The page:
ARRIVAL OF THE ROKEBY HALL
Otago Daily Times August 22nd 1878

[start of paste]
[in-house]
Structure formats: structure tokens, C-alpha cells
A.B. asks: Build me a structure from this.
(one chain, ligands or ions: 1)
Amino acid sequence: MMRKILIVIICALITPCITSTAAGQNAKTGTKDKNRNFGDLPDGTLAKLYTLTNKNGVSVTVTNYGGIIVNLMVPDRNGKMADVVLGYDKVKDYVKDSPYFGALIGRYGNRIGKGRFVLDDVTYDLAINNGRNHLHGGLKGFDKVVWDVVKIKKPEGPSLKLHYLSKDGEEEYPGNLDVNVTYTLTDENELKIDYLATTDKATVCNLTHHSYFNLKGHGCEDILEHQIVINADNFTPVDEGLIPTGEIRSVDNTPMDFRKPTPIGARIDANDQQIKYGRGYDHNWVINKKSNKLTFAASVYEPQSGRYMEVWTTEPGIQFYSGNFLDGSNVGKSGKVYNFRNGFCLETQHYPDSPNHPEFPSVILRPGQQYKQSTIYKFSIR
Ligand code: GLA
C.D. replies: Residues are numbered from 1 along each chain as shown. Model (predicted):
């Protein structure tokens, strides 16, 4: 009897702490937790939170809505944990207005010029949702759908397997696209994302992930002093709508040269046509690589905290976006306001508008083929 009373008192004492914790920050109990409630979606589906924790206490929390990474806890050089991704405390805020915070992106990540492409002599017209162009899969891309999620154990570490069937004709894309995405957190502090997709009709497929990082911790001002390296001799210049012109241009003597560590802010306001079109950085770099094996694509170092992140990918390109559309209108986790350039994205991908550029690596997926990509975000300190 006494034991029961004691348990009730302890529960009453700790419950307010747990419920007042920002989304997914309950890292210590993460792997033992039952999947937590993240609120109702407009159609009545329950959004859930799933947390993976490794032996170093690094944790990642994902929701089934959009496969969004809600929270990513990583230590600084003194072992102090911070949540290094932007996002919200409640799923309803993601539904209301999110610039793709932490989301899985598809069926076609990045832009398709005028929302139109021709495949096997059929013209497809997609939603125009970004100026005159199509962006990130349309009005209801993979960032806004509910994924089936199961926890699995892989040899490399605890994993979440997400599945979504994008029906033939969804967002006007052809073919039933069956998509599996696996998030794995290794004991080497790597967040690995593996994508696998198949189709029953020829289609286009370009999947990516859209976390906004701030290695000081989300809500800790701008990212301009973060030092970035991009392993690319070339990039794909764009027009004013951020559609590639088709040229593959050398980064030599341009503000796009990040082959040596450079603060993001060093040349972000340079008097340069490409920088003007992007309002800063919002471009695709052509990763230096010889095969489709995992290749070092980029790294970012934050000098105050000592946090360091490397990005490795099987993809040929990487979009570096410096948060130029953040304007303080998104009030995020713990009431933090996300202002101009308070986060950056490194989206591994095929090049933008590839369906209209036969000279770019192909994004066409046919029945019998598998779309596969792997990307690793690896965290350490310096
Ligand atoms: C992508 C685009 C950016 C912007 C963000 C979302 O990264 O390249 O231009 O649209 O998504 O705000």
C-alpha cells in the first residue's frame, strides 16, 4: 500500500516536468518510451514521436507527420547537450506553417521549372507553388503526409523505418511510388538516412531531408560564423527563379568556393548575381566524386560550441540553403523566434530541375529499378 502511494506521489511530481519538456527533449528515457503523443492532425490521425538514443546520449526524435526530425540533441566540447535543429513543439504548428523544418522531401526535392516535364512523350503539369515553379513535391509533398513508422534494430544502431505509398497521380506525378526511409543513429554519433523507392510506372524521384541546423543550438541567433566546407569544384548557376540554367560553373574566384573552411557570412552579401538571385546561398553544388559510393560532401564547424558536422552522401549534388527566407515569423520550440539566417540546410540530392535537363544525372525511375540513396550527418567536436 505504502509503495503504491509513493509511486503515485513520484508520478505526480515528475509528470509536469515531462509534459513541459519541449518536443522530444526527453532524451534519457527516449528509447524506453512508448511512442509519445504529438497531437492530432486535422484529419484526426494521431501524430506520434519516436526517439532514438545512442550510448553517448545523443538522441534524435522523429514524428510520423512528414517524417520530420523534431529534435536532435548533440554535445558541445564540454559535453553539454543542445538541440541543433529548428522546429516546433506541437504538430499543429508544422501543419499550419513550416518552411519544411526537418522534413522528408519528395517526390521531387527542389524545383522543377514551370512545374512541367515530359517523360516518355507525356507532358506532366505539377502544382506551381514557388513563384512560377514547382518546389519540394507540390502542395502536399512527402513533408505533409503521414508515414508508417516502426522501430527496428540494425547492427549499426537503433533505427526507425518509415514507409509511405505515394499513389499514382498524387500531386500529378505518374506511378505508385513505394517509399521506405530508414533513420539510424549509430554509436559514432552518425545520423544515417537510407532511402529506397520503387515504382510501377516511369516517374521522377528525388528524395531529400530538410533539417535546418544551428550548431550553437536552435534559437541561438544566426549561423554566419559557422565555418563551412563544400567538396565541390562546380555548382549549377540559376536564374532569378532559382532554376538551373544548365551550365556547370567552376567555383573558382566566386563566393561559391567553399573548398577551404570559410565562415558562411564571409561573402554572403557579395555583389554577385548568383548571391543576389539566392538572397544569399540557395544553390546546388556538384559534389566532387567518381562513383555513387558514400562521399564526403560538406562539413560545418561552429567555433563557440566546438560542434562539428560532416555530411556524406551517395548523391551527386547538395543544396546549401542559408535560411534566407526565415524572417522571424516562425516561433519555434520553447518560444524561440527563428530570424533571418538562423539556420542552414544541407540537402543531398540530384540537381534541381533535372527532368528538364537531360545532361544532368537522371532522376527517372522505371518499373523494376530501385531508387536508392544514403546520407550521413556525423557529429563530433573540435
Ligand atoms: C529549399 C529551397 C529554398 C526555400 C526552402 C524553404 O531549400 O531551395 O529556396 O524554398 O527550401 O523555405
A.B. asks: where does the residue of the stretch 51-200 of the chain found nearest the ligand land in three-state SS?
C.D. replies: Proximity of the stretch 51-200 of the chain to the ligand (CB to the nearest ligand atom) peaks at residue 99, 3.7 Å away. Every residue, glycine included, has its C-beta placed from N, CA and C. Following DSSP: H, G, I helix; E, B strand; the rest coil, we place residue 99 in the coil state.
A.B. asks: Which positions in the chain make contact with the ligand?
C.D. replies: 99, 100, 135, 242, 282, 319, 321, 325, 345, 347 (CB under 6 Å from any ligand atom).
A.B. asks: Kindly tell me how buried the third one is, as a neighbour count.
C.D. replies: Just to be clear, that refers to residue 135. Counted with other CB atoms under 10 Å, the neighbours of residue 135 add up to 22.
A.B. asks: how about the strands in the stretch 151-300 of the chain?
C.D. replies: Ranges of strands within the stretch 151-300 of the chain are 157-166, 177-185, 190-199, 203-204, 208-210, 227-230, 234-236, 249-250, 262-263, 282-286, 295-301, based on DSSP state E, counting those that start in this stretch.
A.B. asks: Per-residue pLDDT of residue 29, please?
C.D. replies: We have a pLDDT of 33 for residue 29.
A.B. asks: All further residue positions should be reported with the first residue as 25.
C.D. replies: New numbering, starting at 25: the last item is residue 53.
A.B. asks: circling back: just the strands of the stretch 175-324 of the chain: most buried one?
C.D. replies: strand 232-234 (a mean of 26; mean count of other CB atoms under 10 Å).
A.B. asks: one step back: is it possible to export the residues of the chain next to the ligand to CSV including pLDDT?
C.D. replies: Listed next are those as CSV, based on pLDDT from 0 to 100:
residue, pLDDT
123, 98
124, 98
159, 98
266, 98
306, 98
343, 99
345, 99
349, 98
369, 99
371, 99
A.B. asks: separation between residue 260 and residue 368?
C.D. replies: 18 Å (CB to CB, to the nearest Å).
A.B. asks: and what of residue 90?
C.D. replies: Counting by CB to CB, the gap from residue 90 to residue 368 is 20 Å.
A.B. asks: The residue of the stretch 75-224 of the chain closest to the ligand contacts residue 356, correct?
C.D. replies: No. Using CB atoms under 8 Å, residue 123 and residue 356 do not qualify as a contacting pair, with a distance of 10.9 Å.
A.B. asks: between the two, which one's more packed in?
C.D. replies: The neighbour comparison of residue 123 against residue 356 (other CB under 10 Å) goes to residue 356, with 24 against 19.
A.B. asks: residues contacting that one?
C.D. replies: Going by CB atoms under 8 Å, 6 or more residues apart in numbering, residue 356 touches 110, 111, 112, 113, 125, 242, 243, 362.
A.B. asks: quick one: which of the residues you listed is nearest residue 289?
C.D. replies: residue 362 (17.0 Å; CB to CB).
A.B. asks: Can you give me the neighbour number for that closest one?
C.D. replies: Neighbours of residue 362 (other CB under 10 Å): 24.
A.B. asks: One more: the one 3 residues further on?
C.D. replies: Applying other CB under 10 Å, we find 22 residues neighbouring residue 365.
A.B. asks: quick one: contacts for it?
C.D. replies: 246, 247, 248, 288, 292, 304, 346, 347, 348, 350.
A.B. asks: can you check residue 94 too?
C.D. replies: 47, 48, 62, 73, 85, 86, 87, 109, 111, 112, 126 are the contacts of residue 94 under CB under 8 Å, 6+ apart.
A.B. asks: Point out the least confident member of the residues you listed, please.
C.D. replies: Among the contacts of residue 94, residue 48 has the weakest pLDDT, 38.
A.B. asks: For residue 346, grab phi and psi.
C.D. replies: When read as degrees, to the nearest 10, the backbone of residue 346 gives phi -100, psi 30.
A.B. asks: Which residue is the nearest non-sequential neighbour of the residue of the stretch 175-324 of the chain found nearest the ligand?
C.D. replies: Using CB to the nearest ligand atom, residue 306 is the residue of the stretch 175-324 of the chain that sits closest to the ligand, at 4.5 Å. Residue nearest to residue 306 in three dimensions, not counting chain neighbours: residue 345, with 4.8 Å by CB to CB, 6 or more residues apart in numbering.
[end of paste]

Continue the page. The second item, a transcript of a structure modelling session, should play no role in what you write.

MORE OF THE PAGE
The barque Rokeby Hall arrived off the Heads at 1pm yesterday and was towed up to the anchorage at 6:30pm by the ps Koputai. Since her last visit here the Rokeby Hall has been altered from ship to barque rig, an alteration that at present Captain Clark can say little in favour of. She has made the voyage from London to this port in 102 days, an unusually long one for so smart a vessel, but which is easily accounted for by the fact that very indifferent weather was experienced at the outset of her passage, no less than 42 days having been occupied days having been occupied between London and the Equator. Thence she had more favourable weather, and the remainder of her passage was completed in 60 days. She brings 22 passengers and 1600 tons of cargo, of which 500 tons are dead weight, the rest being measurement goods. Captain Clark reports leaving London, on 10th May, and experienced variable winds down the Channel, taking his departure from the Lizard on 15th May; thence she experienced fresh breezes from N W to S W all across the Bay of Biscay and passed the Island of Madeira in sight on the 27th May. Thence she had variable winds, which took her to the N E Trades on on June 1st, in latitude 27 N. The Trades were light and poor, barely averaging 105 miles a day, wich accounts in a great measure for her lengthened passage. They gave out in latitude 8 N, on June 11th, and after a few days' spell of doldrum weather, she met the African summer monsoon in latitude 6 N, on June 13th, the winds coming out magnetic S W, with fresh breezes and very pleasant weather. On June 18th, when in latitude 4 N longitude 16 W, she tacked and on the following day took the S E Trades in latitude in latitude 3 N; crossed the Equator on June 20th in longitude 20 W, 42 days out; thence she experienced fresh Trades, which were well to the eastward; the Island of Trinidad was sighted on June 28th, and the S E Trades were lost on June 29th in latitude 27.2 S; passed Gough's Island on July 7th and thence took the steady westerlies, crossed the Meridian of Greenwich on July 9th in latitude 40 S, and rounded the Cape of Good Hope on the night of the 13th July in latitude 41 S. Strong winds with variable weather were experienced across the Southern and Indian Oceans, the winds principally being from N E to N W with a nasty cross sea, and very low cronometrical indications; the glass on one occasion falling to 28.11. She crossed the Meridian of Cape Leuwin on August 8th in latitude 41 S. Passed the Island of Tasmania on the night of the 14th still keeping the winds from the N E to N W and making excellent running; made the Snares at noon on the 19th instant; experienced thick rainy weather; passed the Nuggets at noon on the 20th, and was off the Ocean Beach at 7pm same day; opened out the Tairoa Heads at three miles distant at 9pm same day, and thence met a strong S W breeze blowing off and on all night, and came up to the port as above.